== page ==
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Nigerian Architect Olajumoke Adenowo on Making It in a Patriarchal Society and Her New Book

Hailed as “Africa’s star-chitect” by CNN, she hopes Africa, and Nigeria in particular, will one day welcome a globally recognizable monument like the Eiffel Tower, and this fresh chapter in Nigeria’s political history might be a new starting point.

 

Photo- Olajumoke Adenowo

  • Nigerian architect and author

 

 

 

Sofia Celeste

MILAN — One of Africa’s most recognizable female faces in the field of architecture, Olajumoke Adenowo, said making it to the top wasn’t easy in Nigeria’s patriarchal society.

“I have had to work several times as hard as the men just to earn my seat at the table. Never have I asked for consideration to attend to any role perceived by my society as a ‘female role’ such as child bearing, child care, parental care — nothing,” exclaimed the architect and interior designer, whose latest book, “Neo Heritage. Defining contemporary African architecture,” was published by Rizzoli New York this month.

The award-winning Adenowo started her own firm, AD Consulting, in 1994 but earning the respect of her colleagues was not easy, she explained.

“The decision-making hierarchy in the infrastructure space is male-dominated. Meritocracy is not the norm and I have had times when I got to a meeting to discuss a project, and discovered later that the decision to award the commission to a crony had been taken already…” she said.

Hailed as “Africa’s star-chitect” by CNN, she hopes Africa, and Nigeria in particular, will one day welcome a globally recognizable monument like the Eiffel Tower, and this fresh chapter in Nigeria’s political history might be a new starting point.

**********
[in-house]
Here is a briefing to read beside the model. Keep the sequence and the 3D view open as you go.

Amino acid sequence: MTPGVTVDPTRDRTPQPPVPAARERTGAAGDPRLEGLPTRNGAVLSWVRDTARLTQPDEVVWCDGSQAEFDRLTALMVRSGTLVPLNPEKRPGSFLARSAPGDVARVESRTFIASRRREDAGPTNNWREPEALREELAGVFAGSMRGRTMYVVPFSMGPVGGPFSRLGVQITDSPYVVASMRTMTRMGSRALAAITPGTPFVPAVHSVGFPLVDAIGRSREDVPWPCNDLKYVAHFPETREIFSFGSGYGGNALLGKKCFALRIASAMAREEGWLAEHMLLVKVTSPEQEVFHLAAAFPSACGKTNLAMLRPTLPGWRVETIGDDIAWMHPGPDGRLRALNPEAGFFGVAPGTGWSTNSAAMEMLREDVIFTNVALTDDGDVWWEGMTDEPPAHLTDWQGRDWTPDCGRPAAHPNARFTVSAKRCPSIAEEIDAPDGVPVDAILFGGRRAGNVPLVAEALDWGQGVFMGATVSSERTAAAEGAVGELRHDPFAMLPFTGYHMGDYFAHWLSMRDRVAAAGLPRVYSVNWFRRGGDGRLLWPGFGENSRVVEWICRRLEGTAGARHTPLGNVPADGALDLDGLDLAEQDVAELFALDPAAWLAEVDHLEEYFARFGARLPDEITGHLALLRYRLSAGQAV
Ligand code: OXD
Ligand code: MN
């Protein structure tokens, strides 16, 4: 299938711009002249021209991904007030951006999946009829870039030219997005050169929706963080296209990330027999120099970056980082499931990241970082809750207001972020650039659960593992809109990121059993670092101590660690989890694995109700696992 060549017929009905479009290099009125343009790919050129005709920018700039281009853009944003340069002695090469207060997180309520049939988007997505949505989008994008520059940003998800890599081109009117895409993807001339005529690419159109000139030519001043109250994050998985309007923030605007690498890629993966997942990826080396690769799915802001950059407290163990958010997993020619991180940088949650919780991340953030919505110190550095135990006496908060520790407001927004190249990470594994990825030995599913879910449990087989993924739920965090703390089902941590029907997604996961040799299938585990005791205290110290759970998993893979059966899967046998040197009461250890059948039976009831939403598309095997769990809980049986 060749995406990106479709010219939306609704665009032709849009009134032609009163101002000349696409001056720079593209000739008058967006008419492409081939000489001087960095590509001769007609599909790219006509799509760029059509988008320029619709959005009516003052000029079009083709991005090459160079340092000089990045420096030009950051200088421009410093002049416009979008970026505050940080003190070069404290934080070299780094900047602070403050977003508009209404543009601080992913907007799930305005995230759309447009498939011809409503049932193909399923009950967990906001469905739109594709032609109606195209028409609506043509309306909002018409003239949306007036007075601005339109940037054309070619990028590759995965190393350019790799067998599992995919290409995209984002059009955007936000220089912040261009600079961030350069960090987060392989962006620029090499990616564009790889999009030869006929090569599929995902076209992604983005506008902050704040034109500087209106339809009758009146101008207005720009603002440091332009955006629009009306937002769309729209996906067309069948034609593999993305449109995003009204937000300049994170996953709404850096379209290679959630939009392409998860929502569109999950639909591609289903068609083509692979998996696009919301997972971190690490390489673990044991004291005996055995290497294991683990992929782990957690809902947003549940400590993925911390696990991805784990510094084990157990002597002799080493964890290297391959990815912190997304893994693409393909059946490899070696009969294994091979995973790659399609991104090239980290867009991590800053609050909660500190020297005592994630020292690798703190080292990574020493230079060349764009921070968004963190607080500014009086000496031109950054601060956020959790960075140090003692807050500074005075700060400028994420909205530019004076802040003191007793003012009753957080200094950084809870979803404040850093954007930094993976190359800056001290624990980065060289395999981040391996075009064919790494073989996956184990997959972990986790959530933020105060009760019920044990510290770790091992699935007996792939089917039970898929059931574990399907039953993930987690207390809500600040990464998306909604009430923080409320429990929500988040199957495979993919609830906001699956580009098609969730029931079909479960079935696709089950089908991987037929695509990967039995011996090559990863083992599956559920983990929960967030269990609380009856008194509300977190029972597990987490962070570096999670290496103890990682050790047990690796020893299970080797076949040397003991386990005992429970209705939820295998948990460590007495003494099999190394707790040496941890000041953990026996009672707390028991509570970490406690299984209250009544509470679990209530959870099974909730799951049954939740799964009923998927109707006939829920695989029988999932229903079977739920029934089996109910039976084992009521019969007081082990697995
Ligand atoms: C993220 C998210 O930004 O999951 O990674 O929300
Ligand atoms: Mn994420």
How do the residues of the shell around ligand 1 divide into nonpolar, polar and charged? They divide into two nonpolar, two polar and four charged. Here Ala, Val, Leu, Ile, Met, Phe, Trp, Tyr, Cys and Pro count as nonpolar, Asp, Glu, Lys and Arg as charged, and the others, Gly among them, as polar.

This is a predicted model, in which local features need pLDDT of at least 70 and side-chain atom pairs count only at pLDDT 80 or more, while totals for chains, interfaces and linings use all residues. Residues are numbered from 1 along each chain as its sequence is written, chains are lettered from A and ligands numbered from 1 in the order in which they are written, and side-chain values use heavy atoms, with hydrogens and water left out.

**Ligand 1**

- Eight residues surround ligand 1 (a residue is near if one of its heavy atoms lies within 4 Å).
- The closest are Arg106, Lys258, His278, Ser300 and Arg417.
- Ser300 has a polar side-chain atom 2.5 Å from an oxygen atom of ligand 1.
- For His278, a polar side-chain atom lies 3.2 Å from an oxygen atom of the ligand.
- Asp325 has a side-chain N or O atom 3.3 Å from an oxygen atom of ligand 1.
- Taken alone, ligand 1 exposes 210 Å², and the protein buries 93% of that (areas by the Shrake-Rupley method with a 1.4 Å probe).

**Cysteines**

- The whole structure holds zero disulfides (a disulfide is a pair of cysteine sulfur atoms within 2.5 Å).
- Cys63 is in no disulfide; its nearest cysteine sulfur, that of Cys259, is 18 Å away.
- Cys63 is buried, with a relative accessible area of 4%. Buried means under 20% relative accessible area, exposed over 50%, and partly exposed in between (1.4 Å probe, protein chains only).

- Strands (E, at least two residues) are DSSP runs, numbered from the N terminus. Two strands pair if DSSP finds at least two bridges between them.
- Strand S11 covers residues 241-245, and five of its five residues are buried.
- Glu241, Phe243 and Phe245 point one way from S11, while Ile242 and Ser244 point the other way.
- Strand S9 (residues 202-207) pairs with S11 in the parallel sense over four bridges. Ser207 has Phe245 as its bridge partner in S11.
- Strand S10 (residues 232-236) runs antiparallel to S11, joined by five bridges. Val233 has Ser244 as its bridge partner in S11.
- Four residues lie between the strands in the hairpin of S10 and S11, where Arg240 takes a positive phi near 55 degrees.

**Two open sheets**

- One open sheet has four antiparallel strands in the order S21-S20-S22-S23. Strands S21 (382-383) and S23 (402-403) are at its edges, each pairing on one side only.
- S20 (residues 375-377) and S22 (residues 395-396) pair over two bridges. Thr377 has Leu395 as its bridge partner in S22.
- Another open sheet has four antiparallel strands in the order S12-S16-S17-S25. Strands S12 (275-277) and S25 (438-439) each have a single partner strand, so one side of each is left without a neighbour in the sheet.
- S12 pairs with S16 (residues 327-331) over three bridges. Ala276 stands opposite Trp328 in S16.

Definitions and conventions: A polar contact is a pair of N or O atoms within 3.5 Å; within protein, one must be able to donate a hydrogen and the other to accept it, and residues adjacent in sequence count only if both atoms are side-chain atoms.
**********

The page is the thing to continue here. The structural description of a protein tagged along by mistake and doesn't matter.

“We are one of the planet’s most diverse nations which must define a common vision. When we can define ‘Nigerianness’ and our uniqueness, our vision and dream for a preferable future, we will be ripe at that time for a national icon that celebrates our identity,” she added.

Nigeria’s new president, Bola Ahmed Tinubu, took office on May 29 after a widely contested presidential election in February. The vote was a key turning point for the oil-rich nation, which boasts the highest gross domestic product in all of Africa. In addition to its dynamic tech and fashion industries, it’s also a cradle of architectural wonders — contemporary buildings are potential new monuments of our time — like the Obafemi Awolowo University in Ife, and ones Adenowo envisaged herself, such as the Guiding Light Assembly Church in Lagos and future ones like the OAU Senate building, from which light percolates through the forms and voids.

Guiding Light Assembly Church designed by Olajumoke Adenowo.
 
Guiding Light Assembly Church designed by Olajumoke Adenowo.

The timing couldn’t be better, as the world of architecture shines a light on Africa like never before. Ghanaian-Scottish architect Lesley Lokko curated this year’s ongoing Architecture Biennale in Venice, titled “The Laboratory of the Future,” highlighting the colonialism of Africa and the slave trade and forced migration.

Adenowo’s book is tailored to an international audience and is divided into 10 chapters that introduce a new way of looking at contemporary African architectural practices.

The book aims at presenting her thesis on “Neo-Heritage,” which envisions an ideation framework leveraging deeply rooted African heritage design principles that have the potential to provide global solutions in the field of architecture.